Sep 28 2006
(Washington, D.C.) Today Senator James Inhofe (R-OK), in an election-year appeal to the Religious Right, introduced a bill that would compromise the sanctity of religion. The bill, S. 3957, would amend the IRS Code to allow houses of worship to endorse candidates from the pulpit and engage in partisan political activity without harming their tax-exempt status.
“Senator Inhofe wants to turn houses of worship into political convention halls,” said Interfaith Alliance President, the Reverend Welton Gaddy. “This bill would allow politicians to exploit the moral authority of the pulpit to advance a partisan agenda. When religious leaders endorse candidates for office, they compromise their prophetic voice. The very sanctity of religion is at stake in this debate,” he said.
Inhofe’s bill is similar a H.R. 235, introduced in the House by Representative Walter Jones (R-NC). At last weekend's Family Research Council's Values Voter Summit in Washington, Senator Inhofe spoke in favor of the Jones bill and promised action on the Senate floor before Congress adjourned to home for the November elections. The Interfaith Alliance has been successful in bottling up the Jones bill through the dedicated grassroots efforts of its 185,000 members.
In addition to endorsements of candidates, Inhofe’s bill would also allow houses of worship to make political contributions to candidates and political parties.
“Congress should not allow money from Sunday’s collection plates to line their campaign coffers on Monday,” said Dr. Gaddy. “Under this bill, tax-exempt donations intended for the common good – to heal the afflicted and feed the hungry – could be used instead to curry favor with politicians,” he said.
Sep 29 2006
(Washington, D.C.) On this Sunday’s “State of Belief,” The Interfaith Alliance Foundation’s show on Air America Radio, the Reverend Welton Gaddy welcomes Pat Buchanan, the outspoken conservative pundit and former presidential candidate, and legal expert John Pomeranz. Dr. Gaddy asks Buchanan about the role of religion in the current debate over immigration reform and Pomeranz warns houses of worship against falling prey to ambitious politicians.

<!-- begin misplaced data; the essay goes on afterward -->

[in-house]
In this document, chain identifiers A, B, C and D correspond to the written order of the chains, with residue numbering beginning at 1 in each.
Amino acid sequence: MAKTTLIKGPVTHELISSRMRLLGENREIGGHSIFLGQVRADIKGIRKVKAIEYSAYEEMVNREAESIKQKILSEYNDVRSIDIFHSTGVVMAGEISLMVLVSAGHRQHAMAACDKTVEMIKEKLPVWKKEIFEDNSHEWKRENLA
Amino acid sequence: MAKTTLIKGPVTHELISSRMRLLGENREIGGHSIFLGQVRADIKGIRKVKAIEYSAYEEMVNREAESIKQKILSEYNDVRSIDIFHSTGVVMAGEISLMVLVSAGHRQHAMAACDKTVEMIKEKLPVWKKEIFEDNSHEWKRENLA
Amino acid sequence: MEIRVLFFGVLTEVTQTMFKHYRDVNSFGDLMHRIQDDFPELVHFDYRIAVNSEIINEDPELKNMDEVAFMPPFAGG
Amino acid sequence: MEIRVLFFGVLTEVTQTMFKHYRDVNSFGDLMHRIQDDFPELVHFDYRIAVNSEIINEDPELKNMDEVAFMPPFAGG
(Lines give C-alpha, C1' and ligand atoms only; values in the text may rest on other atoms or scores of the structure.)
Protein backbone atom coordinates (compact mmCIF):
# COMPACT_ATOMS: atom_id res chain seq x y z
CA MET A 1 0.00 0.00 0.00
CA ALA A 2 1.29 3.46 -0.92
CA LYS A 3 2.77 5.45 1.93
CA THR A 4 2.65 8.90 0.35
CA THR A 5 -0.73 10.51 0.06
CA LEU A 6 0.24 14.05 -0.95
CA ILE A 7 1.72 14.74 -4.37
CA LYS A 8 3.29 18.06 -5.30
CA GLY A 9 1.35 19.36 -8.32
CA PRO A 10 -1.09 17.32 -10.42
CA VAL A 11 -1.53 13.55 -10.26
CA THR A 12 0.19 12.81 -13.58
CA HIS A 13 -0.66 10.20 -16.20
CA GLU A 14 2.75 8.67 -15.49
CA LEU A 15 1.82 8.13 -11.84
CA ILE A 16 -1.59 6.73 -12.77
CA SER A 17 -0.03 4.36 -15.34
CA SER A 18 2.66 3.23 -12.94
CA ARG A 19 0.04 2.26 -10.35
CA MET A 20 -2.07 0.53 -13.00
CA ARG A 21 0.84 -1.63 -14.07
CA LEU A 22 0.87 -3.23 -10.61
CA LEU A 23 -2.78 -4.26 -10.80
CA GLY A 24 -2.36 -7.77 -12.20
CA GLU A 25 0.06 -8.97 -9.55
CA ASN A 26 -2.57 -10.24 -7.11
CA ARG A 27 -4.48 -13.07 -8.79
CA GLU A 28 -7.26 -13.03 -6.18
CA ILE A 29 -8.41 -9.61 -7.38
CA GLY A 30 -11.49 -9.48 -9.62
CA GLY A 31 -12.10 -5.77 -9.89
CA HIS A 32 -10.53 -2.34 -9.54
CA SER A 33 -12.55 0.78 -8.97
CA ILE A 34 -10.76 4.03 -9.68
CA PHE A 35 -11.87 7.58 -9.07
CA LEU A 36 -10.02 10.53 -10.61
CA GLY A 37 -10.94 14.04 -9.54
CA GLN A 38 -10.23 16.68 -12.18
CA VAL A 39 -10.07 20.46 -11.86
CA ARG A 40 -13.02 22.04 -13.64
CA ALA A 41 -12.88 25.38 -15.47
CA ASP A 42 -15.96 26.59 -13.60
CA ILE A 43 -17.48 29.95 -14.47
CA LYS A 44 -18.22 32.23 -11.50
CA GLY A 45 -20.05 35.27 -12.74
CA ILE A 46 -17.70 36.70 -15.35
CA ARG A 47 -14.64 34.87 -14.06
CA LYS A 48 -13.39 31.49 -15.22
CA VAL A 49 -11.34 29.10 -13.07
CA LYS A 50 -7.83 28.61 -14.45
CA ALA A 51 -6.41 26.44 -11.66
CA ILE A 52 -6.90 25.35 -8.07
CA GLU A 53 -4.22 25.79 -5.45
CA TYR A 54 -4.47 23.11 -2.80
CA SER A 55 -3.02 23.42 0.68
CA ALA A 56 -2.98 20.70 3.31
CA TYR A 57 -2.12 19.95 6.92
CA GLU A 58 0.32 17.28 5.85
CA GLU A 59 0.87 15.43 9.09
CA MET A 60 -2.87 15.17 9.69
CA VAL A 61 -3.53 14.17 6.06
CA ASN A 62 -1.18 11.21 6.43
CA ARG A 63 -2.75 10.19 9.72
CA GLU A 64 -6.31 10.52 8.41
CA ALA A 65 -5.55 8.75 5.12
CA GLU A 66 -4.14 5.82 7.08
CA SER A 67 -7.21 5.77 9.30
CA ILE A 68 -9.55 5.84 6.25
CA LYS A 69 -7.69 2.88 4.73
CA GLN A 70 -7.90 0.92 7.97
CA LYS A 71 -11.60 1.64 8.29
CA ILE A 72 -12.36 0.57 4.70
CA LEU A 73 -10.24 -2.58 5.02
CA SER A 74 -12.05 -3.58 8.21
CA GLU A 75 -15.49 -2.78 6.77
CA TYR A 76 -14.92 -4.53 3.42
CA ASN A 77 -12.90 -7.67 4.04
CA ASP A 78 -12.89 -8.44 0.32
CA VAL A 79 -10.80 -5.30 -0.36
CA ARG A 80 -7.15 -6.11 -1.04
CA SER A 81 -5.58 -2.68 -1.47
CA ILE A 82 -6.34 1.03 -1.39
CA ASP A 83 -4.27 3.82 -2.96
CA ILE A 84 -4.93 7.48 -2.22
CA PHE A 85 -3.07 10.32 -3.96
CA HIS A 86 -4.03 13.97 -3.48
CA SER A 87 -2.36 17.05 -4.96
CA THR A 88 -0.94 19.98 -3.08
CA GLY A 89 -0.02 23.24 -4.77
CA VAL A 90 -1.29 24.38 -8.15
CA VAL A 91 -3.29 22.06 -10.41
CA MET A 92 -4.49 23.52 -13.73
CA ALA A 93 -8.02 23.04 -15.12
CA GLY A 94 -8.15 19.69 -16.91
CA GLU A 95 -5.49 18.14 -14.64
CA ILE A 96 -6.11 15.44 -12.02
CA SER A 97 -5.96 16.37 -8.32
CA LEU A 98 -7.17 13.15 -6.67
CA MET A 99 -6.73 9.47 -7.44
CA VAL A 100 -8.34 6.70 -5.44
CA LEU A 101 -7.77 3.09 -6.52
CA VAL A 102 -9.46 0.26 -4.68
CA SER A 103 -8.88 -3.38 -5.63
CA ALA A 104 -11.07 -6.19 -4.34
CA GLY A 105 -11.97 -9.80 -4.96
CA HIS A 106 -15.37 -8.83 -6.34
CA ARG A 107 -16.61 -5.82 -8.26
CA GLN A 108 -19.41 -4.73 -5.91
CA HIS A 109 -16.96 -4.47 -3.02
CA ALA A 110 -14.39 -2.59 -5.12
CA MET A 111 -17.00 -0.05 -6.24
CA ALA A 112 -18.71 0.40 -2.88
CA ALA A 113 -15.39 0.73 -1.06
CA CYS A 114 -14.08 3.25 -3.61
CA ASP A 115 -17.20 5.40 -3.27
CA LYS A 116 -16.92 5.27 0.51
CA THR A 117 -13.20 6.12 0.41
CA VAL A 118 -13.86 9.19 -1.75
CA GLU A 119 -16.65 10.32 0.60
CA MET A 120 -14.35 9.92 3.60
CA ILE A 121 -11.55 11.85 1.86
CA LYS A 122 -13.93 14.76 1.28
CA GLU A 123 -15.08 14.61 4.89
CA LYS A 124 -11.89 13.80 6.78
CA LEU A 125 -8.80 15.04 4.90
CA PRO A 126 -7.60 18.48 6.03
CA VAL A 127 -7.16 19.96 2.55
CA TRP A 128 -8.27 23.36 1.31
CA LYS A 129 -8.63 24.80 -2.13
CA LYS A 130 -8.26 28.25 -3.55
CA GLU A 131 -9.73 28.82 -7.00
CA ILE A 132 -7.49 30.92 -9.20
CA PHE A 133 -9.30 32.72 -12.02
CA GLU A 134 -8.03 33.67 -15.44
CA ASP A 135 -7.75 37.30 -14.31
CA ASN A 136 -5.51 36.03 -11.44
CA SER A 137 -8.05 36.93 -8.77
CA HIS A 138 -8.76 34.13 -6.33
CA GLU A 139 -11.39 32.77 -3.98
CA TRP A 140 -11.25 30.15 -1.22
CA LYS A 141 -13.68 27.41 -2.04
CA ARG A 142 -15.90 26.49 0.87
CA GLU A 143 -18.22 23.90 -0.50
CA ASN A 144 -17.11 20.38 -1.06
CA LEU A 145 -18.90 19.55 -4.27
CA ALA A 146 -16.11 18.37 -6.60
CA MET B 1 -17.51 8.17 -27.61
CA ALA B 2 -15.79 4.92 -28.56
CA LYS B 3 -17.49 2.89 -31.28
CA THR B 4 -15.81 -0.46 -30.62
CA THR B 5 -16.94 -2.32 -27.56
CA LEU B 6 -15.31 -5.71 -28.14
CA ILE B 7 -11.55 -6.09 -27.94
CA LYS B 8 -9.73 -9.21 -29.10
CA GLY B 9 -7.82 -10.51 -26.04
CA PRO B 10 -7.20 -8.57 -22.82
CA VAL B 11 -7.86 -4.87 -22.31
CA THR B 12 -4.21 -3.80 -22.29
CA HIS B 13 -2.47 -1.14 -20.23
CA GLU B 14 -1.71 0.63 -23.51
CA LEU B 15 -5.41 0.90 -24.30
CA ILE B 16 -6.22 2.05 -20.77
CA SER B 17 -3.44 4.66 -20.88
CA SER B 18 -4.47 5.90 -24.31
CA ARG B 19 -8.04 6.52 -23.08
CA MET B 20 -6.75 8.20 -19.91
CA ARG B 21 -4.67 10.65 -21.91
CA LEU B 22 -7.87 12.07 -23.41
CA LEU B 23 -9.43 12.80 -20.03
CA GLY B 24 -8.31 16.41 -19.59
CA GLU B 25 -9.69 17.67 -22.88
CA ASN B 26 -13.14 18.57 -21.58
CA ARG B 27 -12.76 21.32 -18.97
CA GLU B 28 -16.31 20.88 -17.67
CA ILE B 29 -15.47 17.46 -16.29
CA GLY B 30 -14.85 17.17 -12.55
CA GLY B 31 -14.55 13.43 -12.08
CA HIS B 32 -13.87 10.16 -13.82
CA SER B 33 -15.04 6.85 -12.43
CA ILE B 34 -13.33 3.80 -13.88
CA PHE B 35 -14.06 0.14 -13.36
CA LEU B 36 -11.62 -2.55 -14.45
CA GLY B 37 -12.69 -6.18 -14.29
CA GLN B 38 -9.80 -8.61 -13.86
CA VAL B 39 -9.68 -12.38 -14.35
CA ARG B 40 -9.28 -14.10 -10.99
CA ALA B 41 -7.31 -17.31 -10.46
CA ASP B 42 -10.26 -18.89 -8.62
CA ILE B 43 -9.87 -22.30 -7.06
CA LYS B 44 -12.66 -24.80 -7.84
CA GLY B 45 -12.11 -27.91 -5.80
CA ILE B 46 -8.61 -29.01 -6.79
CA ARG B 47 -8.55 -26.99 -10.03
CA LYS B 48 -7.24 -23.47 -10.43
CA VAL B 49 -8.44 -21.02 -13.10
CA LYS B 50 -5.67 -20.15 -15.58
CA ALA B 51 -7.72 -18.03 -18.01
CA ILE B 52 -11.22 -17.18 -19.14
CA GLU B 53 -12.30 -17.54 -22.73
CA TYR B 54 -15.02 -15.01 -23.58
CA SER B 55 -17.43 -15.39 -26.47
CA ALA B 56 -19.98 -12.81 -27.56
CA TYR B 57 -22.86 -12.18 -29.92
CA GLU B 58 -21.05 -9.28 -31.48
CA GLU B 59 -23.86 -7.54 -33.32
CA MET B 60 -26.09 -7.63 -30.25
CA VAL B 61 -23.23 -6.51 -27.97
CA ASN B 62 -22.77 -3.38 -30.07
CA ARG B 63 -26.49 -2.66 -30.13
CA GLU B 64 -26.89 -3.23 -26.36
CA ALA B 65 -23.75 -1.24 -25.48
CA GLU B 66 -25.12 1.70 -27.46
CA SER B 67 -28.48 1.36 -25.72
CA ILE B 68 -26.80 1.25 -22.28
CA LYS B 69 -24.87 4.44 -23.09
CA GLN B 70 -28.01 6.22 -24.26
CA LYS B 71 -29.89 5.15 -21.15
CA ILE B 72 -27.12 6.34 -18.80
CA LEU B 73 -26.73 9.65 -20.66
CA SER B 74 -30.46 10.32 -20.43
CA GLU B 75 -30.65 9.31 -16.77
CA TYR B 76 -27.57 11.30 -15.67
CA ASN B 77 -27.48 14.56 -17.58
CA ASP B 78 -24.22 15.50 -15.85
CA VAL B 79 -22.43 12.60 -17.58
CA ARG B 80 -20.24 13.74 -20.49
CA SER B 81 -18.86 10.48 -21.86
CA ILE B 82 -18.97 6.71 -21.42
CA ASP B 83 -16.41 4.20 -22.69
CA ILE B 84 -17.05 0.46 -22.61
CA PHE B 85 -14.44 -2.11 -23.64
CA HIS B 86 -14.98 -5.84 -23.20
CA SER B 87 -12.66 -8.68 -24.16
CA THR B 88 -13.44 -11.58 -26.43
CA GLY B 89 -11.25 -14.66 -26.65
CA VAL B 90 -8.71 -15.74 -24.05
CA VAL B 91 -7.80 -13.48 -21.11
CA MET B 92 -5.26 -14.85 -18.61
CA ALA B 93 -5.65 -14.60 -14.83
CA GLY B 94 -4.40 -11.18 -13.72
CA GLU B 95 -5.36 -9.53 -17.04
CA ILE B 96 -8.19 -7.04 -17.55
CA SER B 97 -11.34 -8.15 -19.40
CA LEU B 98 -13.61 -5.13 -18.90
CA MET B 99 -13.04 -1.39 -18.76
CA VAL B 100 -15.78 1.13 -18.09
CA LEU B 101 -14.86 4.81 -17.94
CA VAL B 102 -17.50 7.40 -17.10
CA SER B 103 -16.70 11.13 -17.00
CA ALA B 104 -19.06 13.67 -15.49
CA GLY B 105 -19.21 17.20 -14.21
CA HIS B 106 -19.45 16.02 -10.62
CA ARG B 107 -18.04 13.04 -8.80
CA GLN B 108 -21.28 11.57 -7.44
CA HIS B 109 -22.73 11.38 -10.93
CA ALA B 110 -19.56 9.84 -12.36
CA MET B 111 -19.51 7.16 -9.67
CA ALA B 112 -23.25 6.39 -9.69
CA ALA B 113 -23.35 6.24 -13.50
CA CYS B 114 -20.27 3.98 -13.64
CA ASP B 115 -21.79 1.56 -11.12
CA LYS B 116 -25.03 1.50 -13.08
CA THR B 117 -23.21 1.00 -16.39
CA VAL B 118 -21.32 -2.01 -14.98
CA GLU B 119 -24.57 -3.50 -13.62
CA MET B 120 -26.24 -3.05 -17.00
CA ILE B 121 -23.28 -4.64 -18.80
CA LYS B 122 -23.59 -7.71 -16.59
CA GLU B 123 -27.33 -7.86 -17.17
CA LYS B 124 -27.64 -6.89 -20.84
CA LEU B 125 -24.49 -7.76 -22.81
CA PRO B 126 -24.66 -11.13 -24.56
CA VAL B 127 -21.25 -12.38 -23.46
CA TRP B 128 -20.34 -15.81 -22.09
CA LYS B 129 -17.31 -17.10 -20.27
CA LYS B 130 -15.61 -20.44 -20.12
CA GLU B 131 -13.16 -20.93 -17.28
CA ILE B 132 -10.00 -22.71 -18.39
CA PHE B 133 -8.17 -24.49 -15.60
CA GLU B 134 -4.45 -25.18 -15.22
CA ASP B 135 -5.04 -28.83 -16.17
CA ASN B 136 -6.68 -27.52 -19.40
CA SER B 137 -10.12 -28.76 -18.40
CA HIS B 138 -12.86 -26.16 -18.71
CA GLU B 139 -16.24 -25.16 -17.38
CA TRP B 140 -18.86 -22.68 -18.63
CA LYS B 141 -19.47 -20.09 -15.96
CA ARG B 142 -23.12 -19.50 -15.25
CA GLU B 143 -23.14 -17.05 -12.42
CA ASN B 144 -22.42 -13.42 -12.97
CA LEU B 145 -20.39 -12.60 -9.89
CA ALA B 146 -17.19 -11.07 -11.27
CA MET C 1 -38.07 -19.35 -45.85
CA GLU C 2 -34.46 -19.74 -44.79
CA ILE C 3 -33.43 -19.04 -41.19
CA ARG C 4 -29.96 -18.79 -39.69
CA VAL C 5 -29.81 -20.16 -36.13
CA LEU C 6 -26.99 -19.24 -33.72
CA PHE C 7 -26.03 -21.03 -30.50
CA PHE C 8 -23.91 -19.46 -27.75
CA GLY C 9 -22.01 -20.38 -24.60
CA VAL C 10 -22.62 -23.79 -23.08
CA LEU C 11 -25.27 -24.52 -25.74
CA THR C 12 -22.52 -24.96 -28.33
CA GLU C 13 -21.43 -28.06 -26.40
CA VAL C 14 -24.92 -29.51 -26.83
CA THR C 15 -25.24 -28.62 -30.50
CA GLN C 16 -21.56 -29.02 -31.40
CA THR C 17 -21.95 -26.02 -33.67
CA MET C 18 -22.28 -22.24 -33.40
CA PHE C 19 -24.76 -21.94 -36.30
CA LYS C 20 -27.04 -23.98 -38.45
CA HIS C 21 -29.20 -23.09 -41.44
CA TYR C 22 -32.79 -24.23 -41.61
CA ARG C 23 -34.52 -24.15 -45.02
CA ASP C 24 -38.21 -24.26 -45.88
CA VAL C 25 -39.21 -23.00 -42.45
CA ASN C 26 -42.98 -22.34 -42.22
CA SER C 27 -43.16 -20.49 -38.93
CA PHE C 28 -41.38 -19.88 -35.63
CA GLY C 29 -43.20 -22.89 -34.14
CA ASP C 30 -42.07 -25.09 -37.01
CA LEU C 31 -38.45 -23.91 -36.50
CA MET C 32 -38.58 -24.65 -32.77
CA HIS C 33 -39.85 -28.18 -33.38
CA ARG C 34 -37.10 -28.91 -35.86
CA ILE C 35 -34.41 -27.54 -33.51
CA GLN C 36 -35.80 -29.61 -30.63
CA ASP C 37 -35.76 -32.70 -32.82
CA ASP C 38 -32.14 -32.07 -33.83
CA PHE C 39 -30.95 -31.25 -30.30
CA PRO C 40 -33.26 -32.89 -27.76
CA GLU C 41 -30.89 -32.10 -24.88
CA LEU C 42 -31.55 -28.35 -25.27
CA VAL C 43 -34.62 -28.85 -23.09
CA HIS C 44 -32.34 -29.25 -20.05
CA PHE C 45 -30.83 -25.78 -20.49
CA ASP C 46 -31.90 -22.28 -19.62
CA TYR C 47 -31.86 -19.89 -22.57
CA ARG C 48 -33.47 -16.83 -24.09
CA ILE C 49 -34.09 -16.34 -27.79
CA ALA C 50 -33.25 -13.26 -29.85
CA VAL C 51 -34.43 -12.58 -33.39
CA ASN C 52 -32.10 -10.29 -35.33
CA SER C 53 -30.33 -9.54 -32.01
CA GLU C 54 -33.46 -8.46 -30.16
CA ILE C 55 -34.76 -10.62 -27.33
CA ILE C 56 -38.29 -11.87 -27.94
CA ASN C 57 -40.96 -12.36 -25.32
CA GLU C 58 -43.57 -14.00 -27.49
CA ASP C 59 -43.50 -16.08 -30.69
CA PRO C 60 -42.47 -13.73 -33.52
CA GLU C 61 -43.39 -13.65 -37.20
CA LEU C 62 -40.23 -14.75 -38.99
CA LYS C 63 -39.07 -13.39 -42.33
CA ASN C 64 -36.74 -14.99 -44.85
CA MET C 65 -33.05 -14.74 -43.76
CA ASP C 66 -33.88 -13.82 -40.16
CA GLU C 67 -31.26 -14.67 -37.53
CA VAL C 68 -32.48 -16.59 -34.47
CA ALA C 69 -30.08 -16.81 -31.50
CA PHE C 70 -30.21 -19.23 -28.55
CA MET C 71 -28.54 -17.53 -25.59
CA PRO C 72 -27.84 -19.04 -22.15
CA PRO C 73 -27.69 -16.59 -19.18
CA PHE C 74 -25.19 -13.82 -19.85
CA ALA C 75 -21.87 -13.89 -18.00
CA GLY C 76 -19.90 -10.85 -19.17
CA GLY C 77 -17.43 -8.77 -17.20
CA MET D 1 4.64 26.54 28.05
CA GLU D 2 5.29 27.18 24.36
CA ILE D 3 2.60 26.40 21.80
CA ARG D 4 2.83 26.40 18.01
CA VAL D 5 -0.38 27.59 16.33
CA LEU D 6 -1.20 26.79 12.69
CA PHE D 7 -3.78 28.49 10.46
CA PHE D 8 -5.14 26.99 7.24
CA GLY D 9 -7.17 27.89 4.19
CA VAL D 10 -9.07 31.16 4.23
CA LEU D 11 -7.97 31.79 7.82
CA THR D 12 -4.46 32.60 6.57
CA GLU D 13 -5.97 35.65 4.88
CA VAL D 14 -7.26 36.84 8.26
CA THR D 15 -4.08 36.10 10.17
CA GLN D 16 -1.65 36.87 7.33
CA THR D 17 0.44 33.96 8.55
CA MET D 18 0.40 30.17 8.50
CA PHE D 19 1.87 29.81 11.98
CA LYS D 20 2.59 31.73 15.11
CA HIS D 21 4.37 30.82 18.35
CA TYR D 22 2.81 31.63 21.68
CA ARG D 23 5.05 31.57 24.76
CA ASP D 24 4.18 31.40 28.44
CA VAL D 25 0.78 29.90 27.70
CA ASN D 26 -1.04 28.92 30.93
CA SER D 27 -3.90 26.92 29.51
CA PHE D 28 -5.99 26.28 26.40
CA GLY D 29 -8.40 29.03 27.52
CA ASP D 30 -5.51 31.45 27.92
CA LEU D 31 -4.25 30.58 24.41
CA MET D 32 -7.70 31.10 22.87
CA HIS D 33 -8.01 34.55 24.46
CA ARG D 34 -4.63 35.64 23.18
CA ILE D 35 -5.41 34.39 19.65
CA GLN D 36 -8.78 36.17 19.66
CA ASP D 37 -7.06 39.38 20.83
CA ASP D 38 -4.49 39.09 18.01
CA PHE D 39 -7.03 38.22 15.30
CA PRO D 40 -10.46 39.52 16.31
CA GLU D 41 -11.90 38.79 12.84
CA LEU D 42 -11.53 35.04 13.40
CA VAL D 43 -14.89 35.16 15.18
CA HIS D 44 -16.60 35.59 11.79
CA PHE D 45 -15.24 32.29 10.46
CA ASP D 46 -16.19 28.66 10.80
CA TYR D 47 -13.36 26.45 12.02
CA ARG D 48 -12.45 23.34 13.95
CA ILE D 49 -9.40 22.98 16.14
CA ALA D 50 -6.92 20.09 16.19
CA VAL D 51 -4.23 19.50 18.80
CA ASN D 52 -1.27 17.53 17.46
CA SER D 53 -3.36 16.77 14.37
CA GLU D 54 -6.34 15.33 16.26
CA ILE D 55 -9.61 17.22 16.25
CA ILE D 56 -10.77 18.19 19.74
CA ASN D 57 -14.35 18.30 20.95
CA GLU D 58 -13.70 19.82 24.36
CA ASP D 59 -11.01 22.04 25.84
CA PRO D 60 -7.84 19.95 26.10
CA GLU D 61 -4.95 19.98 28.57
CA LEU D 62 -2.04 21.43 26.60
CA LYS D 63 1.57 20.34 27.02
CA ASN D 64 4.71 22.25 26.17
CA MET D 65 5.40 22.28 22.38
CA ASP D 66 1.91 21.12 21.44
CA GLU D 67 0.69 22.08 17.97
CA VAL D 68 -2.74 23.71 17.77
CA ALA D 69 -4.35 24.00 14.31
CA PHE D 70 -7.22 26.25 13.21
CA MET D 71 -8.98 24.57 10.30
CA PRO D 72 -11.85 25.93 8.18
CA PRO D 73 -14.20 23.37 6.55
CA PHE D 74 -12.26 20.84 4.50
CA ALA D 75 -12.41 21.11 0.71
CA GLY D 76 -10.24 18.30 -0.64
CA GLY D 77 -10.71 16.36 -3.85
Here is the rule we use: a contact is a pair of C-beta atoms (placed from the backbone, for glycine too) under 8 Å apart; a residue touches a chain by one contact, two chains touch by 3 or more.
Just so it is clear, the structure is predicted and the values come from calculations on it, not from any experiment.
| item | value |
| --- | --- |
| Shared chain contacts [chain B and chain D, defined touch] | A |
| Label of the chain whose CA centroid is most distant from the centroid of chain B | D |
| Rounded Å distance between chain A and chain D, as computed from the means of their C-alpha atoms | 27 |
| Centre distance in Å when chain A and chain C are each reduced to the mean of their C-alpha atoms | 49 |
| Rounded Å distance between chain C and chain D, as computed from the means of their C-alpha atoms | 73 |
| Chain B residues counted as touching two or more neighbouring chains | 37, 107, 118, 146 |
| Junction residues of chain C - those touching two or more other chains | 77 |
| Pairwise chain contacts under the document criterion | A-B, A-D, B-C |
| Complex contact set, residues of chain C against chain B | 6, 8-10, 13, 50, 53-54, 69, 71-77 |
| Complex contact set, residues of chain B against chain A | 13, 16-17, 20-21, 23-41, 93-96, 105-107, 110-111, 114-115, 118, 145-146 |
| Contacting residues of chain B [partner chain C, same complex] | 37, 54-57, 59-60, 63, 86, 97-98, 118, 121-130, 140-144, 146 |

Buchanan chides religious leaders who favor a more lenient immigration policy based on a reading of the Hebrew and Christian Scriptures. “It seems to me, in my understanding of Christian doctrine, the first obligation of the father is to defend his family and the home, and protect it against invaders,” said Buchanan. “And the fact that invaders might be poor does not justify bringing them into the house and claim the rights of the first born.”
Buchanan is also the author of a new book on immigration called State of Emergency: The Third World Invasion and Conquest of America. In it, he argues against viewing the debate on immigration from an economic perspective, saying that too many Americans worship “at the Church of the GDP.”
Instead, Buchanan argues that the foundation of American values should be based on Christianity. “The United States of America has an ethno-cultural core. It was a Western country, a European country, a Christian country. This is one of the things that held it together,” he said.
Also, Dr. Gaddy also examines the ongoing controversy over political messages from the pulpit with legal expert John Pomeranz. In 2004, two-days before the Presidential election, the congregation of All Saints Episcopal Church heard a sermon delivered by George Regas, a former rector at All Saints. The sermon was called, “If Jesus Debated Senator Kerry and President Bush,” and included hypothetical questions and answers from Jesus to the two Presidential candidates. All Saints is currently under investigation by the IRS and is at risk of losing its tax-exempt status.
Pomeranz noted that other houses of worship across the country could face similar problems. “Political campaigns have every incentive into misleading churches and other tax exempt organizations into violating law. “They're not the ones at risk. The only danger is to the church, and the political organization gets what it needs from the church and it's the churches that are left to take the consequences.”
Oct 06 2006